The Progressive Caucus

Floor Speech

Date: Sept. 10, 2014
Location: Washington, DC


Mr. Speaker, I am concerned about working families, and I will be talking about the minimum wage.

I just want to preface that it was an honor to listen to Congressman Rangel really talk about what is probably the most important issue before us in terms of how we as a deliberative body deal with issues of war and peace and where our Nation is going. I, too, hope that we have, as this goes on, a really thoughtful discussion as you have laid out for us tonight. And I hope that we follow up with what the President says later on tonight and that, when we reconvene, we do talk about this in a very, very thoughtful, thoughtful way.

But I am also concerned about how working families and individuals are struggling to make a living on our current minimum wage of $7.25. That is why I think Congressman Pocan and my colleagues and I are discussing this issue. It is a key component of raising this minimum wage, of closing the opportunity gap and building an economy that works for our working families.

We spend a lot of time in this body talking about building the economy. We spend time discussing tax breaks for large corporations. But really what we should be about is: How do we rebuild the middle class? How do we give people an opportunity to join the middle class? Raising the minimum wage is a critical component.

By raising it from $7.25 to $10.10 an hour, we would lift 900,000 Americans out of poverty. Do we raise it into wealth? No. We just take the first step. And this is a minimum step. It would raise it for 28 million people, including more than--in my home State, 2.7 million Californians live below the poverty level, working Californians, we are talking about, live below.

Who are they? Seventy percent of them are women. The average age is not as it is often told to us, young people, 18 to 25. We are talking about the average age of a person on minimum wage is 35 years of age. That is a significant year.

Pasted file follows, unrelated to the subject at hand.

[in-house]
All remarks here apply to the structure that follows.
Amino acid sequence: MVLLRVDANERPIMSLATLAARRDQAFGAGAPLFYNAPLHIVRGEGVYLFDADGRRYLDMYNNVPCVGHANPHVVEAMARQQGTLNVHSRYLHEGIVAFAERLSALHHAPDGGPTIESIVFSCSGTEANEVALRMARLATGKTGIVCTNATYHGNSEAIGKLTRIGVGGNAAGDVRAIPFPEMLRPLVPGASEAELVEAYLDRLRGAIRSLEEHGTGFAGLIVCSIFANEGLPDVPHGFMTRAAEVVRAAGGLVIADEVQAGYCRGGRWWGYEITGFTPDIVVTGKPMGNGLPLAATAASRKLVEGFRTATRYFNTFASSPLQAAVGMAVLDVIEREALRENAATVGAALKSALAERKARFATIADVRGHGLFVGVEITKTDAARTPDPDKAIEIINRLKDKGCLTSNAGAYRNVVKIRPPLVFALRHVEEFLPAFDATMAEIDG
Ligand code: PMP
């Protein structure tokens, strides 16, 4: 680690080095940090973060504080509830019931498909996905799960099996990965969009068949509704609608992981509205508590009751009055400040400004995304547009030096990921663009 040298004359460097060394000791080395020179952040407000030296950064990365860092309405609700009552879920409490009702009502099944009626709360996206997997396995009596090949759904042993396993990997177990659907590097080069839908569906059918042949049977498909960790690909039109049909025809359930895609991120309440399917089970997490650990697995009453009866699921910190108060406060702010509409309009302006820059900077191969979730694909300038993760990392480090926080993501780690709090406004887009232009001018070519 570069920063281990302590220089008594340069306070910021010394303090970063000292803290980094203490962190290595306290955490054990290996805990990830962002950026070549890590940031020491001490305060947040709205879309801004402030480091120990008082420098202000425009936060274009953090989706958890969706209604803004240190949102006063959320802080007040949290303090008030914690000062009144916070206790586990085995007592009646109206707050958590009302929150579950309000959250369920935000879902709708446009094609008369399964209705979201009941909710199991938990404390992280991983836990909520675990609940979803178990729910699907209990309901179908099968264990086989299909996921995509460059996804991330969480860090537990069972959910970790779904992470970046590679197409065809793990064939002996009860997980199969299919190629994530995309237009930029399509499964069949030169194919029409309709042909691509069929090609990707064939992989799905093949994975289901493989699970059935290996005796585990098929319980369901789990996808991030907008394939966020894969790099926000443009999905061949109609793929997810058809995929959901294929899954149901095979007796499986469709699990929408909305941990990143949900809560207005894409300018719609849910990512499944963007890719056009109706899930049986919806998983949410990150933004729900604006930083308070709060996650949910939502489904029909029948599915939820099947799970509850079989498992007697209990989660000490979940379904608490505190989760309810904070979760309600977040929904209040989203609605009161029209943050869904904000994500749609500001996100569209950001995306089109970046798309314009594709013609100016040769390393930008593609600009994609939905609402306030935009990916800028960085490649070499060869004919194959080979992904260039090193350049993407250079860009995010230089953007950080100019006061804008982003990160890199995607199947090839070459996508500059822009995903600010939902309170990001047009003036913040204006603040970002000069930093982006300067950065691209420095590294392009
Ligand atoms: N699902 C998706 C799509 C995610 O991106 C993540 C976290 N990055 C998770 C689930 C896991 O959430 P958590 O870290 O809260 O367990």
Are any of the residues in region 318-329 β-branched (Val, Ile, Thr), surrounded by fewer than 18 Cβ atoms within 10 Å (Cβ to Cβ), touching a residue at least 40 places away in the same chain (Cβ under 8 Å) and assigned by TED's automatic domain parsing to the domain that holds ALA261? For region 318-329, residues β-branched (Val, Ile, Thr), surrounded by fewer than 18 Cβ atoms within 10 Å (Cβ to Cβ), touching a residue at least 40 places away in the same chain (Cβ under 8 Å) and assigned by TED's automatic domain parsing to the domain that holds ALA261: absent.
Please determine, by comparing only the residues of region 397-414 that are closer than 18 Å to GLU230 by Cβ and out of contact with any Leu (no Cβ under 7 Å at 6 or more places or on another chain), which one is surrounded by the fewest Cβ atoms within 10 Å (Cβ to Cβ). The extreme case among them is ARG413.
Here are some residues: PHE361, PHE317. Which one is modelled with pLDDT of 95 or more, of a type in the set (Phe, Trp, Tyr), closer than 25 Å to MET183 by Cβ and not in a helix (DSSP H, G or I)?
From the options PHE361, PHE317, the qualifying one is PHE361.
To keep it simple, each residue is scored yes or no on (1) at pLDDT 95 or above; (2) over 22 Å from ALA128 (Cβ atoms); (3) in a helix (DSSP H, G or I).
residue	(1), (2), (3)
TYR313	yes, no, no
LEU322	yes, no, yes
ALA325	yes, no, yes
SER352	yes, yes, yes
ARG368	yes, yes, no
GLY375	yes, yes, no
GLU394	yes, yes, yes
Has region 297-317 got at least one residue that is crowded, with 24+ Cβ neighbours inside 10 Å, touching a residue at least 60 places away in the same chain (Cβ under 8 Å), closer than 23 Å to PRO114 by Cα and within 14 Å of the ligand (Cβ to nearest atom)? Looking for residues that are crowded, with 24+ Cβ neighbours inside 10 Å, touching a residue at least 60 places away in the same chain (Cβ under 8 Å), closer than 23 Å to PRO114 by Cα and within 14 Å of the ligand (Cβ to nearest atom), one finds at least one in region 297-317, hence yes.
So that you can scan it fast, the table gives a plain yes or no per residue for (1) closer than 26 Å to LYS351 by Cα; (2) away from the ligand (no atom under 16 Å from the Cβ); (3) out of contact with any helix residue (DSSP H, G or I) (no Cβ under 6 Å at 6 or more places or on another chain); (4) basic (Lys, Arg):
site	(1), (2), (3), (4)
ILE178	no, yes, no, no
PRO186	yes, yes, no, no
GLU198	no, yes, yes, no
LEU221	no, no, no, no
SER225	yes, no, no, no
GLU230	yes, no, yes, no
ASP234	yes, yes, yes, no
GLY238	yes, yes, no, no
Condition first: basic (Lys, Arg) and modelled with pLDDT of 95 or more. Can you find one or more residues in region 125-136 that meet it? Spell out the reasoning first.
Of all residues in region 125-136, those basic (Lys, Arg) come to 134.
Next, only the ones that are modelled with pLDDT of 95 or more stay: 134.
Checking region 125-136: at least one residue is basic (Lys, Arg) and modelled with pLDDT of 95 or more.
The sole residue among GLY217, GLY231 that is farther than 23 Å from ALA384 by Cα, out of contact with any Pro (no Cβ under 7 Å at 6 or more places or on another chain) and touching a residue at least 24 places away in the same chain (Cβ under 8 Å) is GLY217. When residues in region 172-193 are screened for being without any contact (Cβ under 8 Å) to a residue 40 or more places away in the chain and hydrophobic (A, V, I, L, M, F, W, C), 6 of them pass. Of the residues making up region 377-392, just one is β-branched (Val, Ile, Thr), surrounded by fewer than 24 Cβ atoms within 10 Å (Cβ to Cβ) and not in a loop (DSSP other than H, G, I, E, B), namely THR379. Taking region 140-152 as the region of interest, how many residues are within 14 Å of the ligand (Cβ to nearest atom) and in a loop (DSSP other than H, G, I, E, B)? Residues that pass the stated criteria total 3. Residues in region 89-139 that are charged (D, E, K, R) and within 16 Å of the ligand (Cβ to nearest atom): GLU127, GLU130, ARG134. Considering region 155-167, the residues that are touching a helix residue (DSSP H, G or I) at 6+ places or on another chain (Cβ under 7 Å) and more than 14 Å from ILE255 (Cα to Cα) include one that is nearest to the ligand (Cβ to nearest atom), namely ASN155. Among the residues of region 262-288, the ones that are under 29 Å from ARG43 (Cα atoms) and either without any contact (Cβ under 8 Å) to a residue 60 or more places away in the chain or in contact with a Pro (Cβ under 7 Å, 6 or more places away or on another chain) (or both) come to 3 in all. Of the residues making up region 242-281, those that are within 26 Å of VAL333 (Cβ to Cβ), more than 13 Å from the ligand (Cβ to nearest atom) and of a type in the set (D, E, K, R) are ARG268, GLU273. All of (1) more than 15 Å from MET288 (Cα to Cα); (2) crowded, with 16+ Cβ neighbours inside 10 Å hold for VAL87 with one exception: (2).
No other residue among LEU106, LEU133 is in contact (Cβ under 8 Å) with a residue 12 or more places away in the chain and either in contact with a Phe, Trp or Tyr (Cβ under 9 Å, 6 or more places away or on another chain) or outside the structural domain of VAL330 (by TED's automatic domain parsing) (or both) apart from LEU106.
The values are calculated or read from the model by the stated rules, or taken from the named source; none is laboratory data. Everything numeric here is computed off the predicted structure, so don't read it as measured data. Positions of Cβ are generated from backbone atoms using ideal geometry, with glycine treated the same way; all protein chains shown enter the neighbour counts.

I think I meant to say 1.3 million Californians in my State. It is going to raise it for 2.7 million, and of those, almost a million and a half are women who would be impacted by an increase.

This is a bill we are talking about that is a bill that was put forth by Senator Tom Harkin and Congressman George Miller, and it is going to go have a tremendous impact upon job growth. Sometimes we hear, well, if you raise the minimum wage, we are going to lose jobs. But if we really get through the scare tactics, we will listen to what people who are experts and who have studied the issue have said, that a recent analysis by the Economic Policy Institute has calculated that a higher minimum wage within 3 years creates 85,000 new jobs and it has a boost of almost $22 billion into the economy.

So, when we raise the minimum wage, we are talking about protecting families, protecting individuals. We as a Congress have, I think, a responsibility to support those families who are the foundation of our workforce. And now is not time to turn our backs on the people who are raising the next generation. We are talking about working families. We need to help the men, women, and children who provide the foundation for our economy and our country, who are raising the next generation.

If we cannot provide an adequate wage for Americans who are living in poverty and working, why are we here? What is our role? Our role, I think, is to listen to those working Americans who are desperately trying to make ends meet, who work two and three jobs, and say: We hear you; it makes economic sense for the Nation; we will support you. And we should not leave this Congress until we take the first step, and that is to raise the minimum wage to at least $10.10 an hour.

It is a minimum raise of the minimum wage.

So with that, I thank you for providing me this opportunity to speak.


All we are asking for is a right to vote.

I still remember when the President came, in his State of the Union speech, and it was really just after--in my first year here in the Congress and he was talking about the horrible episode that happened at Sandy Hook and said, ``Give the people the vote. Just give us a vote.''

That is all we are asking our Republican colleagues. Let us vote on raising the minimum wage. That is all. That is the democratic way and ``democratic'' with a small D. That is the American way. Give the people a vote.